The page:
There are regular gigs taking place, although capacity limits mean that these tend to be less well-known bands. In other words, I’d never heard of them, but friends have been to gigs here before. Down in the bar, the background music is cool, if a little eclectic, and not too noisy during the day so you can have a reasonably conversation. A DJ takes over around 6ish on Saturdays, and so we left before then, because we’re old.

Price-wise, I found the Belgrave to be very cheap on the whole especially as it’s in Leeds city centre. The food is half price before 5pm on Saturdays, and we were really impressed with it. Some of the drinks were a little on the pricey side though.

I’m really glad we finally found the time to visit the Belgrave Music Hall and would happily go again. The rotating food outlets give a reason to go back regularly, as does the frequently-changing beer selection.

November 1, 2015
by Neil Turner

Southwark Cathedral

Southwark Cathedral

This is the fourth in a series of posts about what we did on our recent trip to London.

After alighting from a Thames Clipper at London Bridge Pier, we made a brief visit to Southwark Cathedral, which sits on the south bank of the River Thames, opposite the City of London.

Whilst much of the cathedral building dates from the 19th century, there has been a church on this site for over 1000 years and some parts are several hundred years old. Other parts are significantly more recent, with several extensions added around the time of the millennium.

Southwark CathedralIt’s an impressive church. Whilst it is significantly smaller than, say, York Minster, it’s in very good condition and open for worship, or a quiet wander as a tourist. Of note is a memorial to William Shakespeare; as well as a cast of him in the wall, the stained glass window above shows characters from many of his plays – Romeo and Juliet, Macbeth, and various of the kings plays. The organ is also quite impressive, dating from the late 19th century and recently restored to fully-working order.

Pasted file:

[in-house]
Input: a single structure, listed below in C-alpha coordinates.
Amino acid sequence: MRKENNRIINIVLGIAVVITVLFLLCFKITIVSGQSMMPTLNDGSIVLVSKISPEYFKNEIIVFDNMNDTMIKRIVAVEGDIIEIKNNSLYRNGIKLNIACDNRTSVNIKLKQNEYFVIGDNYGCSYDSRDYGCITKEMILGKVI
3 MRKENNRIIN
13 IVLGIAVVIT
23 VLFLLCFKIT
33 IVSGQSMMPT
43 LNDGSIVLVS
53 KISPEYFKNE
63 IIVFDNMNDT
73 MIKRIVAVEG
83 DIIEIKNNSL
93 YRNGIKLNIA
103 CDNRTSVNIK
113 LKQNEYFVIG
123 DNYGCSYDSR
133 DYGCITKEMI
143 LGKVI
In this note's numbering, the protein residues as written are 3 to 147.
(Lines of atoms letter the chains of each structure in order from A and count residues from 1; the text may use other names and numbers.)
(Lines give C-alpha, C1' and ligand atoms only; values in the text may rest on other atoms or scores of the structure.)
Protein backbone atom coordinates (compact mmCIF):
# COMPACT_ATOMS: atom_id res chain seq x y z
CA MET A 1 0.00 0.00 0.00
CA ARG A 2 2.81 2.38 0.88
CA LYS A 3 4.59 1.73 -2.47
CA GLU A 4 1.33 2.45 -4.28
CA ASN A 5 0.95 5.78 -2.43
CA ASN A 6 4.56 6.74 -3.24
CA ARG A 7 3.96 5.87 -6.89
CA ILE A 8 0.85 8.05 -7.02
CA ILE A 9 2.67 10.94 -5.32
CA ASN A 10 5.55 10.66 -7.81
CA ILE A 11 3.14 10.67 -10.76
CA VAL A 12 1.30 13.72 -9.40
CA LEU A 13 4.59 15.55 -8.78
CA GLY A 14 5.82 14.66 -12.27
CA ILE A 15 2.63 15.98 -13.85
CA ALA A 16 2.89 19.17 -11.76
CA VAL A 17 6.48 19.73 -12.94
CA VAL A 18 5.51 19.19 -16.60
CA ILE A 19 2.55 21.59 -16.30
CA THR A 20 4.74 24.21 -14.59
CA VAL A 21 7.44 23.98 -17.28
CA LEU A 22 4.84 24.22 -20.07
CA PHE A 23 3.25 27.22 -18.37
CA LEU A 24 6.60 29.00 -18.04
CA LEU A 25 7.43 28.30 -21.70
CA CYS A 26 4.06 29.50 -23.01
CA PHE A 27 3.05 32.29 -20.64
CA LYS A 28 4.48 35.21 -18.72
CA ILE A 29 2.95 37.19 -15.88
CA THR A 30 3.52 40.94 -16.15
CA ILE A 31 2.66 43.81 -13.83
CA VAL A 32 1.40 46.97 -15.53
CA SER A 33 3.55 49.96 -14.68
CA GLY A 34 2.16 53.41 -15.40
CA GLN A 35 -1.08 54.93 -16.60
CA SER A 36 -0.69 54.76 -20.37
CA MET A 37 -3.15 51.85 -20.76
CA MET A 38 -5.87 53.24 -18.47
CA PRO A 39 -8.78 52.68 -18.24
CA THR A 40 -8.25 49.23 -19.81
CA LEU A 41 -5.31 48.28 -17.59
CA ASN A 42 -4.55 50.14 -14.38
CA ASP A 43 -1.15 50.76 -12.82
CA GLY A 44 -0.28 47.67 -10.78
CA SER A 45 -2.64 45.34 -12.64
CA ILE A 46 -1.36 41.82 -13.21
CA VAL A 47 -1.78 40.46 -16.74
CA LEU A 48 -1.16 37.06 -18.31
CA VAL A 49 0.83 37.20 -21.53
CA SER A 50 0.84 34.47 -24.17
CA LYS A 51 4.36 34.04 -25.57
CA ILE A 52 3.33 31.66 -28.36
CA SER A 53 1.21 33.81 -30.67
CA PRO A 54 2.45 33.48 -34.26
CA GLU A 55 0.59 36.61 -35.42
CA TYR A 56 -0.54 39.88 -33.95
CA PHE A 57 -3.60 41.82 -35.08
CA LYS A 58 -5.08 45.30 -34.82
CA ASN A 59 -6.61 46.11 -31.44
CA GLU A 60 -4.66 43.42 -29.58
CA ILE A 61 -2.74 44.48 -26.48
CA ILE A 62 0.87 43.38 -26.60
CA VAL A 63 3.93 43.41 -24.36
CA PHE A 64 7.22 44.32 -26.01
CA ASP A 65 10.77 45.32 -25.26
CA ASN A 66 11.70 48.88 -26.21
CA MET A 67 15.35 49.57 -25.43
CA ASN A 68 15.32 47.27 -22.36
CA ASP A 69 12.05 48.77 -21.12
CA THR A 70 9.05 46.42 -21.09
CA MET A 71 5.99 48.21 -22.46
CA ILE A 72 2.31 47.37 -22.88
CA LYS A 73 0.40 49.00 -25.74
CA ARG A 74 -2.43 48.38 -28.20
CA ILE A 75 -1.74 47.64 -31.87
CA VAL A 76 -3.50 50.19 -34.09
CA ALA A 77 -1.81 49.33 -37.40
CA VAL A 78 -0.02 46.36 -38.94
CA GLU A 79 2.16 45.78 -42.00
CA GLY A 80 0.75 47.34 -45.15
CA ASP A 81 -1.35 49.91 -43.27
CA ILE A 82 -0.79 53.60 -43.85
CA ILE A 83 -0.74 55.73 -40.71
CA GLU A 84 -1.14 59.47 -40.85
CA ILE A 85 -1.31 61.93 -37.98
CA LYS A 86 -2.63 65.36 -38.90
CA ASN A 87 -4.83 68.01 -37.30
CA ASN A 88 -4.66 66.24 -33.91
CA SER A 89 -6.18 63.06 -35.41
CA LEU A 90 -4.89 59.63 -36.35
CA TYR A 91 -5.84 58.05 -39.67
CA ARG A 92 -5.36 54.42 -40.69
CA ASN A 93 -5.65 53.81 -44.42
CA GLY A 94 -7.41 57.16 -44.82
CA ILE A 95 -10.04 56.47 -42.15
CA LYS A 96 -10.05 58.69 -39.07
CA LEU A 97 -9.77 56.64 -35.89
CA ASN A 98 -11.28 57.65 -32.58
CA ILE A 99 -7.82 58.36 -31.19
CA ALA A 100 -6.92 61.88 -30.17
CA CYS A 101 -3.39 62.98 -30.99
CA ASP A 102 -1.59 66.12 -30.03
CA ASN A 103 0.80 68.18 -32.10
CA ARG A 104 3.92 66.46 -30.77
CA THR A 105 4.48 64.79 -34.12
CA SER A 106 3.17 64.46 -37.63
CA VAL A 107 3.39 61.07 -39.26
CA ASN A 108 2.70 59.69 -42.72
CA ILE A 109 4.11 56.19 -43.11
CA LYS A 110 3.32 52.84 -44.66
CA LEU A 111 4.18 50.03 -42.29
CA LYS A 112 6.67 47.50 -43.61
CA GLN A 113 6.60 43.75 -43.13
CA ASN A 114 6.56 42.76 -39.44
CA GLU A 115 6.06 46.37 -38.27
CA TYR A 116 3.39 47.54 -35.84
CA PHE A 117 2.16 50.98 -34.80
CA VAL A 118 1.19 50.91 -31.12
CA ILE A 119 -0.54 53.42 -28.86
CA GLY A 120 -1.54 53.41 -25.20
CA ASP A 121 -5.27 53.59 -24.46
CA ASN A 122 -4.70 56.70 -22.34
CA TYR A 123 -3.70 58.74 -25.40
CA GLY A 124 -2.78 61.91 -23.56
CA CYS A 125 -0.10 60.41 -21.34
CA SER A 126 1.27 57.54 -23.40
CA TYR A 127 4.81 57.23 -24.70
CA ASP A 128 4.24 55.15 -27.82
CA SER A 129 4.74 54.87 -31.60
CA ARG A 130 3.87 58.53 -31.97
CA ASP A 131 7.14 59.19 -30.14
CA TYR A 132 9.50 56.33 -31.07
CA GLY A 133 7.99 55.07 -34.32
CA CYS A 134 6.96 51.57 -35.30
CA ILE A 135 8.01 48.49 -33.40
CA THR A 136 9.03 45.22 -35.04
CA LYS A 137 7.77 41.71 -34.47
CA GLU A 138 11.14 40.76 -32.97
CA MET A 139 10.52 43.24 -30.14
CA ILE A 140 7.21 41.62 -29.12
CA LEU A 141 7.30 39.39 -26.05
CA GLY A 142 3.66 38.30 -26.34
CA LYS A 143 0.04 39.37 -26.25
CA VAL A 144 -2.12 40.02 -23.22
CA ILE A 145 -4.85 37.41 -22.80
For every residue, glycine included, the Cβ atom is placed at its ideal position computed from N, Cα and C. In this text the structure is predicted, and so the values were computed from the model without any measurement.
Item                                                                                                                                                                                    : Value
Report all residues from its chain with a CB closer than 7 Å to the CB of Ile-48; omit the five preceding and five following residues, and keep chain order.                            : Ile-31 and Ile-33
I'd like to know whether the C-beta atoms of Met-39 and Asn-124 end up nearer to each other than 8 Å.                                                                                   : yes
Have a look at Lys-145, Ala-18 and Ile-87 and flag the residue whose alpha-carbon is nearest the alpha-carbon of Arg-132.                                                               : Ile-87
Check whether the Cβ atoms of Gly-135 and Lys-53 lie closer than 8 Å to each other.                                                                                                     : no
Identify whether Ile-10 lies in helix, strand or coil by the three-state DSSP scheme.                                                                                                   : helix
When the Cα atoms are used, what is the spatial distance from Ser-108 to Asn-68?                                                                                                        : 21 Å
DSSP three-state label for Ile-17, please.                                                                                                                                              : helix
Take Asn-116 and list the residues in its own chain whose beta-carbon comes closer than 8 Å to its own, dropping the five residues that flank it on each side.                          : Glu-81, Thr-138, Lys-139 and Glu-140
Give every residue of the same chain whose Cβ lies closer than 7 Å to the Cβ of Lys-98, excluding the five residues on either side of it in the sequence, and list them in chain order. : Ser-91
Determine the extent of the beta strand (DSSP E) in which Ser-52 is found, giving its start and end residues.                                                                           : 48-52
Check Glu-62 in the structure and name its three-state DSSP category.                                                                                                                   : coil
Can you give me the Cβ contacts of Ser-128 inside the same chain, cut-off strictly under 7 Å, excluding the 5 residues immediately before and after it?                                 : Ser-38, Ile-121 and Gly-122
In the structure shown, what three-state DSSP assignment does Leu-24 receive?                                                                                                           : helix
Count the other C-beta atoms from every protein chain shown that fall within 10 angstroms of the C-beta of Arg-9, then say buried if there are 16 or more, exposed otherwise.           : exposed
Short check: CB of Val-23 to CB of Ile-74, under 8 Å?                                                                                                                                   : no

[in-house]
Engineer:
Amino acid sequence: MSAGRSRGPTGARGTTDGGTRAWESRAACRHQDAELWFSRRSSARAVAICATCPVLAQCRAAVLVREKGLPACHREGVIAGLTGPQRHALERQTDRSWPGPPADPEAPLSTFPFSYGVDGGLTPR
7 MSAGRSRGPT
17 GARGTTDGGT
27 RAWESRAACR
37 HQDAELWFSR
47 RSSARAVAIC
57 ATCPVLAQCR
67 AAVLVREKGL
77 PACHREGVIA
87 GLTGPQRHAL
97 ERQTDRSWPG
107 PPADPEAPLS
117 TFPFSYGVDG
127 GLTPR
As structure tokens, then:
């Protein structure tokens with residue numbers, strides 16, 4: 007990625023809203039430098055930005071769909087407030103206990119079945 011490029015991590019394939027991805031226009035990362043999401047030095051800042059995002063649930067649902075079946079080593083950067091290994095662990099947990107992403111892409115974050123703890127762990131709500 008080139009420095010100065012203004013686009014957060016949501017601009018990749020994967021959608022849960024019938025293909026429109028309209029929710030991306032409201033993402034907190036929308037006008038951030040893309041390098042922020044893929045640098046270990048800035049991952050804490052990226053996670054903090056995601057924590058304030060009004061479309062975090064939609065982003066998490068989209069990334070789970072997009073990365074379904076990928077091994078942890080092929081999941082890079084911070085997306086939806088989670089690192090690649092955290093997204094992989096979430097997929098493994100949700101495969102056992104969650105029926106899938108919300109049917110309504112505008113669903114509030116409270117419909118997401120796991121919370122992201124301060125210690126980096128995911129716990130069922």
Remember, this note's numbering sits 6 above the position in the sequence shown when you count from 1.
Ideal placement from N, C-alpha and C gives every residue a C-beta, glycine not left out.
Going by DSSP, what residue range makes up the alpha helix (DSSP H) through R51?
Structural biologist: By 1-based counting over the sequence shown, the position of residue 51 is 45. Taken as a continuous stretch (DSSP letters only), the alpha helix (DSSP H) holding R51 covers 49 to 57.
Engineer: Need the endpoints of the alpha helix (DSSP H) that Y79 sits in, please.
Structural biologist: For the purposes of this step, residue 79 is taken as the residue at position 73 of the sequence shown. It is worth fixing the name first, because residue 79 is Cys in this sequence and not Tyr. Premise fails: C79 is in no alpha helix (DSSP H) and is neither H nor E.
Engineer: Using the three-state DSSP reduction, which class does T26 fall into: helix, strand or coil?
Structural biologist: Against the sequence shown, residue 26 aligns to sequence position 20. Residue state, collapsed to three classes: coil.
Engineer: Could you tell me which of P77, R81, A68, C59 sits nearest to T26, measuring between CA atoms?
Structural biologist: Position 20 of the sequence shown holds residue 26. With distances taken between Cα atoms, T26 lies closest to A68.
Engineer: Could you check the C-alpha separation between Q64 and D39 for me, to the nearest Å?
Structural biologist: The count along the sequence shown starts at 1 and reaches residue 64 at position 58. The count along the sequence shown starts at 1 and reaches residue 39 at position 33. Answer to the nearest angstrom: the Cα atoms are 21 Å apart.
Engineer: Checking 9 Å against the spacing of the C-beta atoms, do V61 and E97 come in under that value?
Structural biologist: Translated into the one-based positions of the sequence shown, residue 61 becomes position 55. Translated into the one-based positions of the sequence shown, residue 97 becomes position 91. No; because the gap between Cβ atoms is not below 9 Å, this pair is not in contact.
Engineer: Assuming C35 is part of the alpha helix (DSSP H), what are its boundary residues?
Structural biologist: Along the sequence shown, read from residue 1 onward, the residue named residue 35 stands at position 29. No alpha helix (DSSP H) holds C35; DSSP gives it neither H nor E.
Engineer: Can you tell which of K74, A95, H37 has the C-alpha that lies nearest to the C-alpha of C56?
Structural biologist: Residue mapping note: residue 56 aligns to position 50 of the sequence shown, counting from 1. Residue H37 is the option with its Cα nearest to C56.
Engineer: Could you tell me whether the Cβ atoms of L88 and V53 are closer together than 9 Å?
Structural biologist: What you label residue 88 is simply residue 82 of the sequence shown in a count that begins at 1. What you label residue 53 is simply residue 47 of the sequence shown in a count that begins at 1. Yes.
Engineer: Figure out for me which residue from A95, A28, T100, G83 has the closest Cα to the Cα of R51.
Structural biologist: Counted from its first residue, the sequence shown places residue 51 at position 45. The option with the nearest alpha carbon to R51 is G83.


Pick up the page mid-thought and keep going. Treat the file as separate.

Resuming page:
As with most churches, entry is free but donations (preferably with Gift Aid) are encouraged. To be able to take photographs, you will also need to buy a permit, but this only costs a few pounds and contributes to the cost of upkeep of the cathedral. I was happy to pay it, even though I’m not religious myself. It’s certainly better than being told you can’t take photos at all.

We didn’t stay for long – it was approaching five o’clock by the time we got there – but it was long enough to take a few photos, and listen to an orchestra who were rehearsing there. I’ve uploaded a few pictures to Flickr if you want to have a look at the rest of the church.

October 31, 2015
by Neil Turner

Links from Pinboard for October 31, 2015

Here are the articles or web sites that I’ve found this week and linked to on my Pinboard Bookmarks:

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October 30, 2015
by Neil Turner

The trouble with relying on free things

Screenshot of the Sunrise blog

For some years now, I’ve been a user of Sunrise. It started off as a daily email with your events from Google Calendar and Facebook, but over time it evolved into a series of mobile and desktop apps, and a web site, where you could combine all of your various calendars together in one, intuitive interface. This meant that you could have events from Google, iCloud, and any Exchange server, all combined together with your Evernote reminders, gigs from Songkick, Eventbrite bookings, TripIt itineraries and more besides.

It was great, but at no point did Sunrise ever ask for money. Surely it must have cost money to run, and funding from venture capital only goes so far. So I wasn’t all that surprised when, earlier this year, Sunrise announced its acquisition by Microsoft. At the time, they promised to keep everything running, and for free.

At first, there were promising developments. Integration with Wunderlist, another recent Microsoft acquisition, a new keyboard for iOS and Android designed to help you plan meetings whilst in another app, and support for the Apple Watch are all additions made following Microsoft’s takeover. But then the Sunrise team dropped a bombshell this week: development of all of Sunrise’s apps has ceased.

Sunrise’s development team have joined the team working on Outlook for mobile devices. Mobile Outlook was also the result of an outside purchase by Microsoft, this time of Acompli. As you’d expect, the aim of the integration of the Sunrise developers is to improve Outlook’s calendaring capabilities, and, sure enough, a new version of Outlook for iOS was released this week. There’s a bit more background on the Microsoft Office blog, and an update for Android is due soon too.